Darnell Moore, Ph.D., is a Senior Member of the Technical Staff with Texas Instruments’ Embedded Processing Systems Lab. As an expert in vision, video, imaging, and optimization, his body of work includes Smart Analytics, a suite of vision applications that spawned TI’s DMVA processor family, as well as advanced vision prototypes, such as TI’s first stereo IP surveillance camera. He received a BSEE from Northwestern University and a Ph.D. from the Georgia Institute of Technology.

Computer Vision Metrics: Chapter Two (Part E)

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Computer Vision Metrics: Chapter Two (Part E)

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Gradient-Ascent-Based Super-Pixel Methods

Gradient ascent methods iteratively refine the super-pixel clusters to optimize the segmentation until convergence criteria are reached. These methods use a tree graph structure to associate pixels together according to some criteria, which in this case may be the RGB values or Cartesian coordinates of the pixels, and then a distance function or other function is applied to create regions. Since these are iterative methods, the performance can be slow.

  • Mean-Shift [266] Works by registering off of the region centroid based on a kernel-based mean smoothing approach to create regions of like pixels.
  • Quick-Shift [267] Similar to the mean-shift method but does not use a mean blur kernel and instead uses a distance function calculated from the graph structure based on RGB values and XY pixel coordinates.
  • Watershed [268] Starts from local region pixel value minima points to find pixel value-based contour lines defining watersheds, or basin contours inside which similar pixel values can be substituted to create a homogeneous pixel value region.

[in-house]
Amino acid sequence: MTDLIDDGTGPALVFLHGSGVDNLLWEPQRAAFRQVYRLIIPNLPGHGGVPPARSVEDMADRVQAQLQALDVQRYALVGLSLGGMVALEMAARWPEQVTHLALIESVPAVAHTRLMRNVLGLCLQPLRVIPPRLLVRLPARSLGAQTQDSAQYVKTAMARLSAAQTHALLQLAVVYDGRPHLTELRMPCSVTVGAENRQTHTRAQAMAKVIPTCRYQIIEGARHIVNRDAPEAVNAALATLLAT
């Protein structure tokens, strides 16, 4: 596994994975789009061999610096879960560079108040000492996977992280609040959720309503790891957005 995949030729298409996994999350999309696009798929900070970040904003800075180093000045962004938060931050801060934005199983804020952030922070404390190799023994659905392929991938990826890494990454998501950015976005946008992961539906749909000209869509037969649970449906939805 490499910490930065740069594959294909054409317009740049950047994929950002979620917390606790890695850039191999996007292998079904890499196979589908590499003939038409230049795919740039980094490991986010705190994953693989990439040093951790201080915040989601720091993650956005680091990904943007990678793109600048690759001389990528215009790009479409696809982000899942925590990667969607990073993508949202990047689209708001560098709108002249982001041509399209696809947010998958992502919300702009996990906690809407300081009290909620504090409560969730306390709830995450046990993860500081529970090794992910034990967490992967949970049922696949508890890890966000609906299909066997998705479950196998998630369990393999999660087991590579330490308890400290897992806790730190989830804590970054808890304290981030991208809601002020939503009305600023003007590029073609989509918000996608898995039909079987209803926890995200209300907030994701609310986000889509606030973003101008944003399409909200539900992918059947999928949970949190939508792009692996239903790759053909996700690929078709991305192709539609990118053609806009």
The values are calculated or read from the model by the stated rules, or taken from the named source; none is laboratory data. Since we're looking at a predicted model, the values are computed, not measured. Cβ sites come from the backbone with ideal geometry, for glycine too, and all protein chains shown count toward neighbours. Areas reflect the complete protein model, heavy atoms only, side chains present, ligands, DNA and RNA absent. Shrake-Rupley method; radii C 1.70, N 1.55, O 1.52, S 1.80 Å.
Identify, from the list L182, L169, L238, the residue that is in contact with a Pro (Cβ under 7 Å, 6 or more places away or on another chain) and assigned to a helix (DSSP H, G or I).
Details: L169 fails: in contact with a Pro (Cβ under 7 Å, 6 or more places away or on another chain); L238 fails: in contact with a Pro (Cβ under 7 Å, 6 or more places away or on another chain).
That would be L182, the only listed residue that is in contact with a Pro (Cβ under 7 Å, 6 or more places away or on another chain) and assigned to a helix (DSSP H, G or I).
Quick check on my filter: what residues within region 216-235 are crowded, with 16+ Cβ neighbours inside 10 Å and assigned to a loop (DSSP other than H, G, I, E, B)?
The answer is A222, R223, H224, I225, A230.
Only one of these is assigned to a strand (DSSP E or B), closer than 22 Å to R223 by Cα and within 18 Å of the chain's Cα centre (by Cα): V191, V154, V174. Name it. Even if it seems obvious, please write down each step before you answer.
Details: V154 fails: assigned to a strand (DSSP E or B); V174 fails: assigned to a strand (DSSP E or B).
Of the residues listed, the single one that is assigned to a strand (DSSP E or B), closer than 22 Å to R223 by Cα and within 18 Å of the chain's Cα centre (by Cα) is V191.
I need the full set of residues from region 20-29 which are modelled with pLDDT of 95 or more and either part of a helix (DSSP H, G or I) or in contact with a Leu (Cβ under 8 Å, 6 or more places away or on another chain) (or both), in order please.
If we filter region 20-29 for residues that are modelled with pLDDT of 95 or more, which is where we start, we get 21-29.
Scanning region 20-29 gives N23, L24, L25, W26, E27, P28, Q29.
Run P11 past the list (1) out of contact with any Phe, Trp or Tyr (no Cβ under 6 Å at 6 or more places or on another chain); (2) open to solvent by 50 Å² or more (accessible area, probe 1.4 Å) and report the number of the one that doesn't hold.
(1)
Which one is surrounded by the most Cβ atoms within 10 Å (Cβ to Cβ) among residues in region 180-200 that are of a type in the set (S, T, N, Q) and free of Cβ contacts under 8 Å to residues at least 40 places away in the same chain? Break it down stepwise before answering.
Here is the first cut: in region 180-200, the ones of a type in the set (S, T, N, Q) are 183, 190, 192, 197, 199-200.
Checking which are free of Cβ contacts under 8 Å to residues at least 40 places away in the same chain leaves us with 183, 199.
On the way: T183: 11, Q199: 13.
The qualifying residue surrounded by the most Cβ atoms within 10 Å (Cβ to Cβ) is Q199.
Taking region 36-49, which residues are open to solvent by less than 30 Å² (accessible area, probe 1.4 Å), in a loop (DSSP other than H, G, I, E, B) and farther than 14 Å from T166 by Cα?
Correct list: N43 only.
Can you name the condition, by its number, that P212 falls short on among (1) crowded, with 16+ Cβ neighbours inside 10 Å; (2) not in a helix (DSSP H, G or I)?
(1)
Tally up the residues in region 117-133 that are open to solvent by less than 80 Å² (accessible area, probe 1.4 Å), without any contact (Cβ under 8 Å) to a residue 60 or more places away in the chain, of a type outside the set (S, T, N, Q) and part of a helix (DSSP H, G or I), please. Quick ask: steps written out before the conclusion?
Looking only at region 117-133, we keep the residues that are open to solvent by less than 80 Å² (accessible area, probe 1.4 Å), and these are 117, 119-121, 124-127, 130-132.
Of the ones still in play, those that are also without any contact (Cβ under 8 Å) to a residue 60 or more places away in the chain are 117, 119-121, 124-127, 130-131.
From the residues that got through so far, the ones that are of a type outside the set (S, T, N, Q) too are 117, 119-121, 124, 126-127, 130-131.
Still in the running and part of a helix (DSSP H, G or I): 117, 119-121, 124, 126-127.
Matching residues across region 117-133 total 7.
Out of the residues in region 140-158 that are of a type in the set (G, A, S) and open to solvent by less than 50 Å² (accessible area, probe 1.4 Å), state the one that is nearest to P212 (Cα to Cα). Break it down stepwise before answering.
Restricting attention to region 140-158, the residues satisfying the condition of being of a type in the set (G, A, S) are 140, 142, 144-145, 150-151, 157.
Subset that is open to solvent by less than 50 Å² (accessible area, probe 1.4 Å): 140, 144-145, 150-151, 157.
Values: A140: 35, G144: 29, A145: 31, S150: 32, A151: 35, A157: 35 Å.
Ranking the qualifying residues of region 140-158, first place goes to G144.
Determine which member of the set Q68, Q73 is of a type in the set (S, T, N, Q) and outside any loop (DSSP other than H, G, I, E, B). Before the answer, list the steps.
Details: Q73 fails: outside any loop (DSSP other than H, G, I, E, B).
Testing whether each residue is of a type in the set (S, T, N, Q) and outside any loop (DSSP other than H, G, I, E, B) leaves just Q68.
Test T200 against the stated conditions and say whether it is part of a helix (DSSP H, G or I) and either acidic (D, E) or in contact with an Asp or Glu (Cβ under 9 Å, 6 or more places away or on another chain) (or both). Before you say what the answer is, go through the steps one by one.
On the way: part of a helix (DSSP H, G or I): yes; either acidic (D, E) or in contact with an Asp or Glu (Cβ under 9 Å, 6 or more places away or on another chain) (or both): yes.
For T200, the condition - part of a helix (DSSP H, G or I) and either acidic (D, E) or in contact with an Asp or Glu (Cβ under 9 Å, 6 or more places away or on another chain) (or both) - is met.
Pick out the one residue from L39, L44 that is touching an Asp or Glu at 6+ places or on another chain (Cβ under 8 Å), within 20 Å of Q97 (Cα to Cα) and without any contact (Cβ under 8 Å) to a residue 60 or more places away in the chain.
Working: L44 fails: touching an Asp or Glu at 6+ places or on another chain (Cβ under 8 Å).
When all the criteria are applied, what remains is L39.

• Turbopixels [269] Uses small circular seed points placed in a uniform grid across the image around which super-pixels are collected into assigned regions, and then the super-pixel boundaries are gradually expanded into the unassigned region, using a geometric flow method to expand the boundaries using controlled boundary value expansion criteria, so as to gather more pixels together into regions with fairly smooth and uniform geometric shape and size.

Depth Segmentation

Depth information, such as a depth map as shown in Figure 2-20, is ideal for segmenting objects based on distance. Depth maps can be computed from a wide variety of depth sensors and methods, including a single camera, as discussed in Chapter 1. Depth cameras, such as the Microsoft Kinect camera, are becoming more common. A depth map is a 2D image or array, where each pixel value is the distance or Z value.


Figure 2-20. Depth images from Middlebury Data set: (Left) Original image. (Right) Corresponding depth image. Data courtesy of Daniel Scharstein and used by permission

...

Computer Vision Metrics: Chapter Two (Part D)

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Computer Vision Metrics: Chapter Two (Part D)

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Transform Filtering, Fourier, and Others

This section deals with basis spaces and image transforms in the context of image filtering, the most common and widely used being the Fourier transform. A more comprehensive treatment of basis spaces and transforms in the context of feature description is provided in Chapter 3. A good reference for transform filtering in the context of image processing is provided by Pratt [9].

Why use transforms to switch domains? To make image pre-processing easier or more effective, or to perform feature description and matching more efficiently. In some cases, there is no better way to enhance an image or describe a feature than by transforming it to another domain—for example, for removing noise and other structural artifacts as outlier frequency components of a Fourier spectrum, or to compact describe and encode image features using HAAR basis features.

Fourier Transform Family